VirtuaWin Vs. Windows 10 Virtual Desktops

VirtuaWin‘s virtual desktops has long provided the ability to expand your Windows work-space without adding extra physical screens. Now that Windows 10 includes its own virtual desktop/work-space feature I’ve found it both an improvement and a small step backwards. After a few months with both let’s break down how they compare.

Here is a table documenting my findings as of January 2016. (Since Windows 10 and VirtuaWin may evolve in the future I’ll try to keep this up-to-date.)

behavior or capability VirtuaWin Win. 10 Desktops
Boss key to hide other screens Yes No
Compatibility issues with some Intel drivers Yes No
Customize number of screens Yes (up to 20) Yes (100+)
Customize shortcuts Yes No*
Jump-to-screen shortcuts Yes No
Show a window on all screens Yes No
Switching from windows with admin. privileges Yes Requires extra key press
Switching from certain** modal windows No Yes
Vertically aligned screens Yes No
Windows with admin. privileges appear on all screens (bug?) Yes No
Wrap around when switching from first/last screen Yes No
*It’s possible to make alternative shortcuts for Windows 10 desktops using 3rd-party tools like AutoHotKey.
**My LockyWindow product has used a modal window when unlocking to prevent manipulating the underlying KeePass window. VirtuaWin’s switching feature is disrupted by such windows.

While VirtuaWin is more feature packed I personally don’t miss most of the capabilities absent in Windows 10’s desktops. Those most lacking were the jump-to shortcuts and the option to wrap around from the first/last screen. Still, the ability to switch away while administrative windows have focus is much appreciated. Window management in Windows 10 Desktops also feels more user friendly than VirtuaWin’s tray pop-out.

How about you? Do you use virtual desktops? If so which solution works best for you?

6 thoughts on “VirtuaWin Vs. Windows 10 Virtual Desktops”

  1. Having used both in Windows 10, I prefer Virtuawin primarily because of the shortcut keys. I configured Ctrl-Alt+Q,W,E for desktops 1 – 3 and Z, X, C for 4 – 6. The only annoyance I have is having Movies & TV, Photos, Phone Companion, and Settings showing up in one of the windows in Task View. No way I can find to keep those from loading automatically. When I switch to their desktop, they are not displayed, but I can switch/show each one and close them. Unfortunately, they only show up again a short time later. It’s really the only thing I don’t like about VirtuaWin, I find I am more productive than I was using Windows 10 Desktops.

  2. I’ve used virtual desktops on Windows since the 9X days, using an assortment of third-party products. Under Win7, my virtual desktop manager of choice was an open source product called Windows Pager. It lacked the bells and whistles of more featured products, but I didn’t care. The win for me was that it displayed the virtual desktops in my Taskbar. I could select which to use with a mouse click. I could move things between configured virtual desktops by drag and drop of thumbnails in the Taskbar from one desktop to another.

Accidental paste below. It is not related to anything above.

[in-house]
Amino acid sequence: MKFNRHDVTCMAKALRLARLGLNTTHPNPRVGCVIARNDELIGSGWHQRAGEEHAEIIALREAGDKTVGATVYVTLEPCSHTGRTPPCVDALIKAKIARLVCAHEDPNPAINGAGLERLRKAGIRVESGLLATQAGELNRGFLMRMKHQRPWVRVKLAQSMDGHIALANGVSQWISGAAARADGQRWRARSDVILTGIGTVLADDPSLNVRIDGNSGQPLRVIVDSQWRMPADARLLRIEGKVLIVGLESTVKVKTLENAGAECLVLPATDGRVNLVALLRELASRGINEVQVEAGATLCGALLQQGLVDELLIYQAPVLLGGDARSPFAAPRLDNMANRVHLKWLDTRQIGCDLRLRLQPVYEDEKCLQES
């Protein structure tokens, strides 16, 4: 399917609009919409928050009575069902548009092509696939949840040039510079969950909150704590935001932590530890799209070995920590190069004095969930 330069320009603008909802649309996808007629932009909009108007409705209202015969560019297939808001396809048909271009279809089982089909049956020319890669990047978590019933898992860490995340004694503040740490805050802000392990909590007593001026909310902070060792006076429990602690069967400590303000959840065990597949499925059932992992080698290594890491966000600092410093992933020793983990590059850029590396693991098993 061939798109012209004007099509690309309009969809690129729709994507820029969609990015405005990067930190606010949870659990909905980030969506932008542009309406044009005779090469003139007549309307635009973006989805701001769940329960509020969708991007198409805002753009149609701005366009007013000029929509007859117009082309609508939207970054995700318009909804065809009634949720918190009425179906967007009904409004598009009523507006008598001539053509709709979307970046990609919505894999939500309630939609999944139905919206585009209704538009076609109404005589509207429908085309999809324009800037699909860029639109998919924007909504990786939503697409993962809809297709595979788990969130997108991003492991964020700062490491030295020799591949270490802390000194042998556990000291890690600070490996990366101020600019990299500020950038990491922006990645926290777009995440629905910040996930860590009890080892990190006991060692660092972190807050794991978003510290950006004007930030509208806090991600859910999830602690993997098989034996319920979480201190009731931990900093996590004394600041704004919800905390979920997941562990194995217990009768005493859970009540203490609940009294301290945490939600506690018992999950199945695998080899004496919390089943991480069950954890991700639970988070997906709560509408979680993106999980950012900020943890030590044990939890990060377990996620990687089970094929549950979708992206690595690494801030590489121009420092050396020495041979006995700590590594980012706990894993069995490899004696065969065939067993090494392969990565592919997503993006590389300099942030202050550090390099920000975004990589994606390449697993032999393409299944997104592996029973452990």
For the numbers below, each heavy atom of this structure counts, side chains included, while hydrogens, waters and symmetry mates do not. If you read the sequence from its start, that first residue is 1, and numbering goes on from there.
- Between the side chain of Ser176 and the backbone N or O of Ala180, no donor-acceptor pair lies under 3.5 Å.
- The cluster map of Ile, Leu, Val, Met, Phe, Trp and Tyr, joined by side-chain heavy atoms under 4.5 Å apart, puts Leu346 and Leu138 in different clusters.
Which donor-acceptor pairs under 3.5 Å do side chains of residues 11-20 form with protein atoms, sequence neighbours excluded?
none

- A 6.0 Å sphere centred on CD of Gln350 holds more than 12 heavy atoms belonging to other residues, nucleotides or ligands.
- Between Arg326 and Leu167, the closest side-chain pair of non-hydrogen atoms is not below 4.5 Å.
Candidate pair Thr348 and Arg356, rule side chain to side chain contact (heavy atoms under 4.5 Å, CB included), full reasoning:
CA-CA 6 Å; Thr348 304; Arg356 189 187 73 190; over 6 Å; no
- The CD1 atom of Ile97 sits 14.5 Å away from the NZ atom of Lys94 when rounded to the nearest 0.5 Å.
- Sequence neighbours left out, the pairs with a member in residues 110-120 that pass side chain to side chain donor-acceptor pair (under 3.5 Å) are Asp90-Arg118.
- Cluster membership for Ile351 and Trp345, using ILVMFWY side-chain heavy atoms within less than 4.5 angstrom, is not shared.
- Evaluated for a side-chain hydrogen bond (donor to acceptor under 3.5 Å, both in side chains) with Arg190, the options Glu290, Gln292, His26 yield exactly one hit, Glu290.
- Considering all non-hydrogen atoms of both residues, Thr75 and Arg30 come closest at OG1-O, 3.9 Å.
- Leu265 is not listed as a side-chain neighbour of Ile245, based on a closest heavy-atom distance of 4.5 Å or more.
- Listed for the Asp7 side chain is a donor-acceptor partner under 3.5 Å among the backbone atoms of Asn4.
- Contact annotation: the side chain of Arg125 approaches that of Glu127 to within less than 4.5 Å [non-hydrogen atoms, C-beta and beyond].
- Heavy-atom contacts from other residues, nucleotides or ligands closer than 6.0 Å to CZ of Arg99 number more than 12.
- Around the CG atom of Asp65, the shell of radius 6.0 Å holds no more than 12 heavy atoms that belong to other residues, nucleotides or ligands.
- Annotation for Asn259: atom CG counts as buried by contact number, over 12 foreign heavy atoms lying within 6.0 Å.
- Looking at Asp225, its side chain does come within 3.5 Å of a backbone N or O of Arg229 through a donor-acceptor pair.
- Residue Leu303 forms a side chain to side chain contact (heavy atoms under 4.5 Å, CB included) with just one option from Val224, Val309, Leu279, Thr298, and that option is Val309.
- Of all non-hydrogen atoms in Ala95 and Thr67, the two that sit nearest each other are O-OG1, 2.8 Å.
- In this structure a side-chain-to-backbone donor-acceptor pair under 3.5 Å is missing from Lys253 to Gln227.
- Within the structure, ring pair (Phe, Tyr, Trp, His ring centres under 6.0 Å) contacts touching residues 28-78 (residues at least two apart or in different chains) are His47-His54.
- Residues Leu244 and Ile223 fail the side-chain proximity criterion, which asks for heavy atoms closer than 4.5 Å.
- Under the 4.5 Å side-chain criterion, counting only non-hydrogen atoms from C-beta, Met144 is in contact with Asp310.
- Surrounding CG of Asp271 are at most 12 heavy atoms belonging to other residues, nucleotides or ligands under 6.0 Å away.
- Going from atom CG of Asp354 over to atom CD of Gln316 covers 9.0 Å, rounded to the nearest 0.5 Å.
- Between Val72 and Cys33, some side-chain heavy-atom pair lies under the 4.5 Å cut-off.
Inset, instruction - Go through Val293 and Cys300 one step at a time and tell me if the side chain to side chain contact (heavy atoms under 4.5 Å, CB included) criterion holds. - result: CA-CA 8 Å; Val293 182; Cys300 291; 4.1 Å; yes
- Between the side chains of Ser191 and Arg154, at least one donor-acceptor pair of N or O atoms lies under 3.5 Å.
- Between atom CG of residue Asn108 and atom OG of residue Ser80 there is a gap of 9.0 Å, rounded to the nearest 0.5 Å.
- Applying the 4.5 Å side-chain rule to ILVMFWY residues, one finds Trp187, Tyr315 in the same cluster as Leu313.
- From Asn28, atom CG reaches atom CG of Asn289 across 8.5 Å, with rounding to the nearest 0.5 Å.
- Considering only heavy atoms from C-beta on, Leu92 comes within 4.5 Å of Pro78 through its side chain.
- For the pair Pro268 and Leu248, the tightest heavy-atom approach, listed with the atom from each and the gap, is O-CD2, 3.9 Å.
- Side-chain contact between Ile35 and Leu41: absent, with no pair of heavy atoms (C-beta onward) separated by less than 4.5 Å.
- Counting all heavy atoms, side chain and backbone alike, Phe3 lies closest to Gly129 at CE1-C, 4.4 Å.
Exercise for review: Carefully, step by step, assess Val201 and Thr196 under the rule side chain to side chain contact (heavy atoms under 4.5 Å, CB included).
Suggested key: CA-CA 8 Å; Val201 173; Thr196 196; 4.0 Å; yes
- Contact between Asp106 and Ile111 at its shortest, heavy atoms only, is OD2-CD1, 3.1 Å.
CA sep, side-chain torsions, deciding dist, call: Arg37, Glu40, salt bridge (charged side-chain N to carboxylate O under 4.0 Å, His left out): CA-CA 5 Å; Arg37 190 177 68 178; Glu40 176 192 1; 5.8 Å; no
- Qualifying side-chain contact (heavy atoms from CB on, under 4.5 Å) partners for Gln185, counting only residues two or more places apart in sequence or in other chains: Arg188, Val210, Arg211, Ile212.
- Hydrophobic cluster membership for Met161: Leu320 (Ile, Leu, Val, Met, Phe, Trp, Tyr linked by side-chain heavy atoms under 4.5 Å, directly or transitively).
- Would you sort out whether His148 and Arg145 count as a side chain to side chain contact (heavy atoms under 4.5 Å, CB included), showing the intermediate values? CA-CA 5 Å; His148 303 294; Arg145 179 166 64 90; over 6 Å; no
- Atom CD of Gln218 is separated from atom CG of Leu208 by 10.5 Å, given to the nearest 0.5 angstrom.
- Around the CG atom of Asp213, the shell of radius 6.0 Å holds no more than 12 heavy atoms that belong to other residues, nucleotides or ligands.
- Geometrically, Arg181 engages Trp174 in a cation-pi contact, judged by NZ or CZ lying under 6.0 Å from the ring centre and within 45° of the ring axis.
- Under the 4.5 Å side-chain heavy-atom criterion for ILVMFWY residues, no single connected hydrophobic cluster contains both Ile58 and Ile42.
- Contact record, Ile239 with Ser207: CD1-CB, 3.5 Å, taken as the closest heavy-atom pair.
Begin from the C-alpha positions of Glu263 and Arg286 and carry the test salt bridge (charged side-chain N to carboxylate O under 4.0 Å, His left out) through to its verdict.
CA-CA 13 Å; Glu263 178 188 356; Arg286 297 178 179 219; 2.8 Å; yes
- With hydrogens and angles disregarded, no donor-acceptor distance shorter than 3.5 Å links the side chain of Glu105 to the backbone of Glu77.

Windows Pager doesn’t work on Win10. It runs, and shows in Task Manager, but desktops do not appear in the Taskbar. I sighed and removed it, and use the native Windows implementation. It works well enough, but I’d kill to see configured desktops in the Taskbar.

  3. VirtuaWin is clearly the superior product for virtual desktops with practical use cases in mind. I’ve used it for more years than I can remember (since XP at least). With Windows 10 I get an annoying bug such that when I change virtual desktops after being on one *for a while* the Win10 settings menu tries to pop up and registers as “1 Window on Desktop# is not responding” with a flashing notification icon. It’s annoying enough that I’ll have to stop using VirtuaWin if the problem persists. Which would make me sad and less productive.

  4. Regarding “Windows with admin. privileges appear on all screens (bug?)”:
    Seems like a security feature, because this does not happen when VirtuaWin runs with admin privileges, too.

  5. One thing I have with VirtuaWin that Windows 10 doesn’t seem to offer (nor Virtual Desktop Grid Switcher from what I can tell from a quick perusal of the documentation) is the ability, using the “SwitchDesk” module, to have different wallpapers for each desktop. This provides a can’t-miss visual cue to which desktop I’m in and allows me to tailor the visual environment for each task grouping.

    Like Eric E., I’ve noticed the annoyance of having Photos and Settings showing up in the task view even though I didn’t open them.

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